Russia, LGBT Rights and the Psychology of Bullying

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Over the past 2 months there has been a lot written about the recent draconian Russian laws attempting to crack down on gay people and any form of promoting LGBT equality. There have been discussions of boycotting
Boycott Russian Vodka
Russian vodka, moving the 2014 Winter Olympics out of Sochi, Russia, and US President Barack Obama even cited unhappiness with the Russian LGBT oppression as one of his reasons for canceling an upcoming meeting with Russian President Putin (link). See also recent NY times “op ed” by well-known playwright and actor Harvey Fierstein.

But what is the underlying psychology behind any leader seeking to demonize or bully any group? My belief is that any leader of a major world power is in a pitiful state of mind if the only way he can build support for his regime it by demonizing and setting up the populace against a minority group. That so often is the psychology behind bullying – that a person feels so poorly about their own self esteem that they need to promote themselves by putting another group down.

Instead, any entity seeking to grow and improve should be practicing the psychology of diversity and inclusion instead of bullying and exclusion. When every member of a diverse group is valued for their uniqueness and given the opportunity to grow, flourish and contribute, the whole group is lifted up. At the opposite end, when any group is demonized, they feel excluded, may then move into destructive behavior and become an oppressed drain on the entity instead of a contributor (See my 2010 blog on the Macroeconomic of Gay Bullying).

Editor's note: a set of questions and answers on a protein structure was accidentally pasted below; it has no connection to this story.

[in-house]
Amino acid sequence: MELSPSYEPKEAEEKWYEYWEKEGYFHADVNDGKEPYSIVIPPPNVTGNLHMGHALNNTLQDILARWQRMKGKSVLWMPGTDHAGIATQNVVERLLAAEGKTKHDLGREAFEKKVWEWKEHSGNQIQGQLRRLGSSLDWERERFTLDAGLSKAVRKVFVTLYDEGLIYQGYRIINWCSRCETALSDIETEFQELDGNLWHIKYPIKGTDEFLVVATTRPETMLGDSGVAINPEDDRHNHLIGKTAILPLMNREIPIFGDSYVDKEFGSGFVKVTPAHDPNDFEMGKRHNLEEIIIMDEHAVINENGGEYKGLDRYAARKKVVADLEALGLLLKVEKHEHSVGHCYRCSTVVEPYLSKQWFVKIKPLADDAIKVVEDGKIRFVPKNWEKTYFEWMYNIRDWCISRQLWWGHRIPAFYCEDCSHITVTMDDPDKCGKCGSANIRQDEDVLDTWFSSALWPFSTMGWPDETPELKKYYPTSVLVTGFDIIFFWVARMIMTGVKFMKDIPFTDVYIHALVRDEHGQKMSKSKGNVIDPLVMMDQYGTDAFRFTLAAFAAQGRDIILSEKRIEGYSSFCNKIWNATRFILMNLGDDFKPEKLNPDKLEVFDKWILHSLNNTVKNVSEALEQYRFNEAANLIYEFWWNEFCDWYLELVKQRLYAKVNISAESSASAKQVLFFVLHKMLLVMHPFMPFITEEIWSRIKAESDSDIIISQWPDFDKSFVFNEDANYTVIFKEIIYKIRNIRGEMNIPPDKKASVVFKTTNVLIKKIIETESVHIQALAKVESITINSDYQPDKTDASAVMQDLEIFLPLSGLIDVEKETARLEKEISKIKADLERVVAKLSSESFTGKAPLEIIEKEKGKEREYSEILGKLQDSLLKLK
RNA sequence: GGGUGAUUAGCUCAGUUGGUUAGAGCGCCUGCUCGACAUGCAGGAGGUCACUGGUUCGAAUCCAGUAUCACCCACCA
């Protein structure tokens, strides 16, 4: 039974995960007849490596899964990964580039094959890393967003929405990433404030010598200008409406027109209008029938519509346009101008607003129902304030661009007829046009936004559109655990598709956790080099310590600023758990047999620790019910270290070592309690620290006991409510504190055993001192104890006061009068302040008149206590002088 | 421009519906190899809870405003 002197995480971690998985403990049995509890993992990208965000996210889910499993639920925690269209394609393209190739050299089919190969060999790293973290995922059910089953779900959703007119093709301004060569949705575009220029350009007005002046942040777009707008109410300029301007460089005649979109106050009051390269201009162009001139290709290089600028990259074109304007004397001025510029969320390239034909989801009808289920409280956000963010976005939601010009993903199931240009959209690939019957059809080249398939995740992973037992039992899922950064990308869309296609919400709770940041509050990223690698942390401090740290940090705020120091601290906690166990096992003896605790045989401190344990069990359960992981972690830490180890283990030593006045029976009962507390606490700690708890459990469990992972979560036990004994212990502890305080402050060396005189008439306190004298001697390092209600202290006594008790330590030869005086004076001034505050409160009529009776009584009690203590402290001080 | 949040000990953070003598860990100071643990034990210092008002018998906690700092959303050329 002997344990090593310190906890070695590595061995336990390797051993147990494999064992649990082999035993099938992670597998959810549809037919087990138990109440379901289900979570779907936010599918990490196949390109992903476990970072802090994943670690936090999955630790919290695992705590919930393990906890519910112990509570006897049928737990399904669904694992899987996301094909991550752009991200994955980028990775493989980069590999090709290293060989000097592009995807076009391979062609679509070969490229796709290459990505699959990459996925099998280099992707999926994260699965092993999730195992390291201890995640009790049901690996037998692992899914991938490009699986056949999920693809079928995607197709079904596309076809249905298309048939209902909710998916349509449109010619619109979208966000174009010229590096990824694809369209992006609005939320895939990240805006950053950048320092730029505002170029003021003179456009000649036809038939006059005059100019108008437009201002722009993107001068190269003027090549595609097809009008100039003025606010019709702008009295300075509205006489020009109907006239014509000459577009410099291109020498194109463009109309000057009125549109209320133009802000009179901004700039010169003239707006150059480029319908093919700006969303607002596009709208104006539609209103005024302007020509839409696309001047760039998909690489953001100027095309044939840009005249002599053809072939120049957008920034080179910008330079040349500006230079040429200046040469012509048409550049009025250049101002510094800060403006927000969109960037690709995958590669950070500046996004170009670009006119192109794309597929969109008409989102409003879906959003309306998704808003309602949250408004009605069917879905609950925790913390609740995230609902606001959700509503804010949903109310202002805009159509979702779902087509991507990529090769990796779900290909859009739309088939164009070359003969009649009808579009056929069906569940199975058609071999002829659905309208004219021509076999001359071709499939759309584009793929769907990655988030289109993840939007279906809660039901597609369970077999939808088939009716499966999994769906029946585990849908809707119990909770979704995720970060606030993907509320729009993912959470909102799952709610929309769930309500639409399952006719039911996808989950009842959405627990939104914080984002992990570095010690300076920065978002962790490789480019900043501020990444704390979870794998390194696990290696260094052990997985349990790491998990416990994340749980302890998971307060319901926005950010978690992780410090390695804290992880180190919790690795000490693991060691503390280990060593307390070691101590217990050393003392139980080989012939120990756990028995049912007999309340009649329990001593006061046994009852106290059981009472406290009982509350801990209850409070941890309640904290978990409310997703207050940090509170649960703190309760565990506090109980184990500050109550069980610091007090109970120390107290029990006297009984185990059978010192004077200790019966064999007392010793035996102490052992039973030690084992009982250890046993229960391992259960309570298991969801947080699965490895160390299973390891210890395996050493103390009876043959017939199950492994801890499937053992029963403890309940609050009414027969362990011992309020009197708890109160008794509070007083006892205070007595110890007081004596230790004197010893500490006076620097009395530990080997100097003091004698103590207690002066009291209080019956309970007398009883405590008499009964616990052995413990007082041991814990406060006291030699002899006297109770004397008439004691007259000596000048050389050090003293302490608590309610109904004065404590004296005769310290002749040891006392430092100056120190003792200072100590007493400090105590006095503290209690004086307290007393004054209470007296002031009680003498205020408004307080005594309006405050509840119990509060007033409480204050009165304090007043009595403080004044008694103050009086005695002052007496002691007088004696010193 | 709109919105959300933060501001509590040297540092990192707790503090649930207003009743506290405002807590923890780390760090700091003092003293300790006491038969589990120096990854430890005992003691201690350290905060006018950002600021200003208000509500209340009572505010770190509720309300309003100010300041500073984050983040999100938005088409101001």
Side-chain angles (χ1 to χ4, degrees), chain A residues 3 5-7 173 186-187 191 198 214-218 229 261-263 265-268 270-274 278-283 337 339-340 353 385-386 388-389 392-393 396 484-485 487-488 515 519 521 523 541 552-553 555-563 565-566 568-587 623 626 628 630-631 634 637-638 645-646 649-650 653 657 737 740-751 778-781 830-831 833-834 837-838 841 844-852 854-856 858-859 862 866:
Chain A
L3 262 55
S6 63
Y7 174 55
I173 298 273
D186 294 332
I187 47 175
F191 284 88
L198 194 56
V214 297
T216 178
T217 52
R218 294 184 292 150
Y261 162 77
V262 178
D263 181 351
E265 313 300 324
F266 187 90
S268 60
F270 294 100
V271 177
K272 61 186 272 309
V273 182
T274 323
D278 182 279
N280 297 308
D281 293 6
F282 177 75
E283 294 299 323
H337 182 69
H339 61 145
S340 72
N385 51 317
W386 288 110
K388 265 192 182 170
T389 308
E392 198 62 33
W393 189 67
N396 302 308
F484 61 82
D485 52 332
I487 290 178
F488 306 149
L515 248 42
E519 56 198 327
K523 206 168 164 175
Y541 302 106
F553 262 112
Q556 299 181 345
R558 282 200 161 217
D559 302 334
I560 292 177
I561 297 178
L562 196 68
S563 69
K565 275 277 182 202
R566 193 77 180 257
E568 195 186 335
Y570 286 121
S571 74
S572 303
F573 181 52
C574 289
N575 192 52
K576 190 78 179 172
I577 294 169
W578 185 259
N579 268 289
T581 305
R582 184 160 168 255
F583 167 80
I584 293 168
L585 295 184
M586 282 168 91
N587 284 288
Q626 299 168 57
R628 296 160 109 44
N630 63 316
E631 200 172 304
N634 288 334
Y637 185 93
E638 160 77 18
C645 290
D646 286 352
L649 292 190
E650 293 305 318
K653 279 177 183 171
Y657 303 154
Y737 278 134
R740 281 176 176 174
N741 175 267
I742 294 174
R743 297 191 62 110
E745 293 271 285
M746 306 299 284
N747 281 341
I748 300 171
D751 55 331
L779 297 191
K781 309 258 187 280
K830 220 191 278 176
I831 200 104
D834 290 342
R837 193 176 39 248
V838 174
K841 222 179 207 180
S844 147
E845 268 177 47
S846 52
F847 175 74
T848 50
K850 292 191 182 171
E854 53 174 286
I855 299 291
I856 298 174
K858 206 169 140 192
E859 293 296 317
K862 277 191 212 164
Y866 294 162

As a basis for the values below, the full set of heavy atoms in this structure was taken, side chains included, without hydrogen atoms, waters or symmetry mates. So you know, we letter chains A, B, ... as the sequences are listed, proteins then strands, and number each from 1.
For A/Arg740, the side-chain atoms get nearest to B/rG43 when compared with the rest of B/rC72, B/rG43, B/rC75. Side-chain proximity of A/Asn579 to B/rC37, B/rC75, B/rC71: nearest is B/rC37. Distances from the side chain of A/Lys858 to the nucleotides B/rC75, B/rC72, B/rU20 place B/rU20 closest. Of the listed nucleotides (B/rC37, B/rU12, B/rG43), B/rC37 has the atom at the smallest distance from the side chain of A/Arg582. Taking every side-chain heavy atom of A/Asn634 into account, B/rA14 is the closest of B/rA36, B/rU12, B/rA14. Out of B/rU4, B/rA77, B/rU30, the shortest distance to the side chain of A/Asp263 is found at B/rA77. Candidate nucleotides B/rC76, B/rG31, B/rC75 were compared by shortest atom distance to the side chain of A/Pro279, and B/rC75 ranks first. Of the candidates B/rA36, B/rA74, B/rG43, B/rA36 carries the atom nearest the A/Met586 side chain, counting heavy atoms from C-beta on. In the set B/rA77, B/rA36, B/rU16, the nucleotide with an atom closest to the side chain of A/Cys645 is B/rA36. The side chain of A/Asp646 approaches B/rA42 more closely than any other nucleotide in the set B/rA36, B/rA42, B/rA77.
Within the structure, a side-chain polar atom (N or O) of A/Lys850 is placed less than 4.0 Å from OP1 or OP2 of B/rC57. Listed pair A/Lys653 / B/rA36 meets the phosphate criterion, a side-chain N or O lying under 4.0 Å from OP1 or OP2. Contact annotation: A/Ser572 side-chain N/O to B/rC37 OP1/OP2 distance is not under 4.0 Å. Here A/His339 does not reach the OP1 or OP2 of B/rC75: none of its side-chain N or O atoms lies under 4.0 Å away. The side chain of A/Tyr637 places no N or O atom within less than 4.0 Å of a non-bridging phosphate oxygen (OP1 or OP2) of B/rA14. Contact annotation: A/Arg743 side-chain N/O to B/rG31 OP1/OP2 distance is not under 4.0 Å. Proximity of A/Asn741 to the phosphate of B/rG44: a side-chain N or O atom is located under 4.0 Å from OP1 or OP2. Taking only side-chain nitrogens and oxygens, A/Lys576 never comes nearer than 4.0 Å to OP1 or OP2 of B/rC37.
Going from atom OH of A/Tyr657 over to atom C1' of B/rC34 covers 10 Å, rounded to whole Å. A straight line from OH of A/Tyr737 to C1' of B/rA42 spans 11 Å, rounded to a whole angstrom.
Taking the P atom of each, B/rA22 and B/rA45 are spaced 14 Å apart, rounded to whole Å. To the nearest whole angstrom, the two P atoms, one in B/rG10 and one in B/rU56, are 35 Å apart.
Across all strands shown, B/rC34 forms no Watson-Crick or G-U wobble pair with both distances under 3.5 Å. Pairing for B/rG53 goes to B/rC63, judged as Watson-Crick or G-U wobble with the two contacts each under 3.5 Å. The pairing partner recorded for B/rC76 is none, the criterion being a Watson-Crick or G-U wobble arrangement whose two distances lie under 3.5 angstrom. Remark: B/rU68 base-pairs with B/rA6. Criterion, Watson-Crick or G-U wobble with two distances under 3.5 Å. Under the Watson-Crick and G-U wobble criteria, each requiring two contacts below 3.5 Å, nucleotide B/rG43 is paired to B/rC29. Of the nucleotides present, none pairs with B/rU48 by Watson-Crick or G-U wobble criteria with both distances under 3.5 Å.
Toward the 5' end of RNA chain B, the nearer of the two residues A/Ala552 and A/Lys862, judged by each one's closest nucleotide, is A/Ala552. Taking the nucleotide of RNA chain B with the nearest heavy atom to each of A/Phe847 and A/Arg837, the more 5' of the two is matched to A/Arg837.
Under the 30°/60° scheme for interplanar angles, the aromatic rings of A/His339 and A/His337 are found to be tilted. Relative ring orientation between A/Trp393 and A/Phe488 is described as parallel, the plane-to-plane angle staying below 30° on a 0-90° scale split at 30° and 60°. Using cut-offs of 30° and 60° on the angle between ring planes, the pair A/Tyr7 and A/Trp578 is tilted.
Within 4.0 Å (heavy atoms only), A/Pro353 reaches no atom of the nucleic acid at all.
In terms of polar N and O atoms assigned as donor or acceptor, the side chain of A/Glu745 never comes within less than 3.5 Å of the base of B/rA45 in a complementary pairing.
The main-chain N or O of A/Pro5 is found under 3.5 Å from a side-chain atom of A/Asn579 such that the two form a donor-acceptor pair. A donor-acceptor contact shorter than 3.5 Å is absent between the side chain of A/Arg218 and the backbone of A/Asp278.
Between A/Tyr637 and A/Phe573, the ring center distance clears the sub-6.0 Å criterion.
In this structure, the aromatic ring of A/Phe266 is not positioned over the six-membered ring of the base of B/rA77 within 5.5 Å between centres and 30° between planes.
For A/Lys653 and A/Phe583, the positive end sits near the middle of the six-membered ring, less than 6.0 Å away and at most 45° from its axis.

Unfortunately, Russia is not the only place in the world where LGBT people are routinely bullied. This problem is common in many places around the world and the US Department of State is even trying to make global positive impact on thsee issue (see my August “Business of Change” blog on these US efforts.)

And we still have the bullying issue against LGBT people here in the United States, particularly in our schools. Young people just entering adulthood and naturally struggling with their own self-esteem often turn to putting others down to feel good about themselves. This week I have been attending the annual North Carolina Gay and Lesbian Film festival, and two of the “shorts” have poignantly addressed this issue of LGBT youth bullying:

Blog author Stan Kimer is in the red shirt with movie producers, actors and other patrons at the NC Gay and Lesbian Film Festival

Blog author Stan Kimer is in the red shirt with movie producers, actors and other patrons at the NC Gay and Lesbian Film Festival

• In “The Symphony of Silence” a gay teenager commits suicide after enduring horrific bullying both in his school and at home.
“Live to Tell” has a happier ending as friends at school unite to form a “gay / straight alliance” after a gay student is beaten up by a bully.

On a positive note, awareness of and actions and resources to fight bullying continue to grow. Do check out my blog written for last year’s anti bullying awareness month for some information and resources to help fight bullying.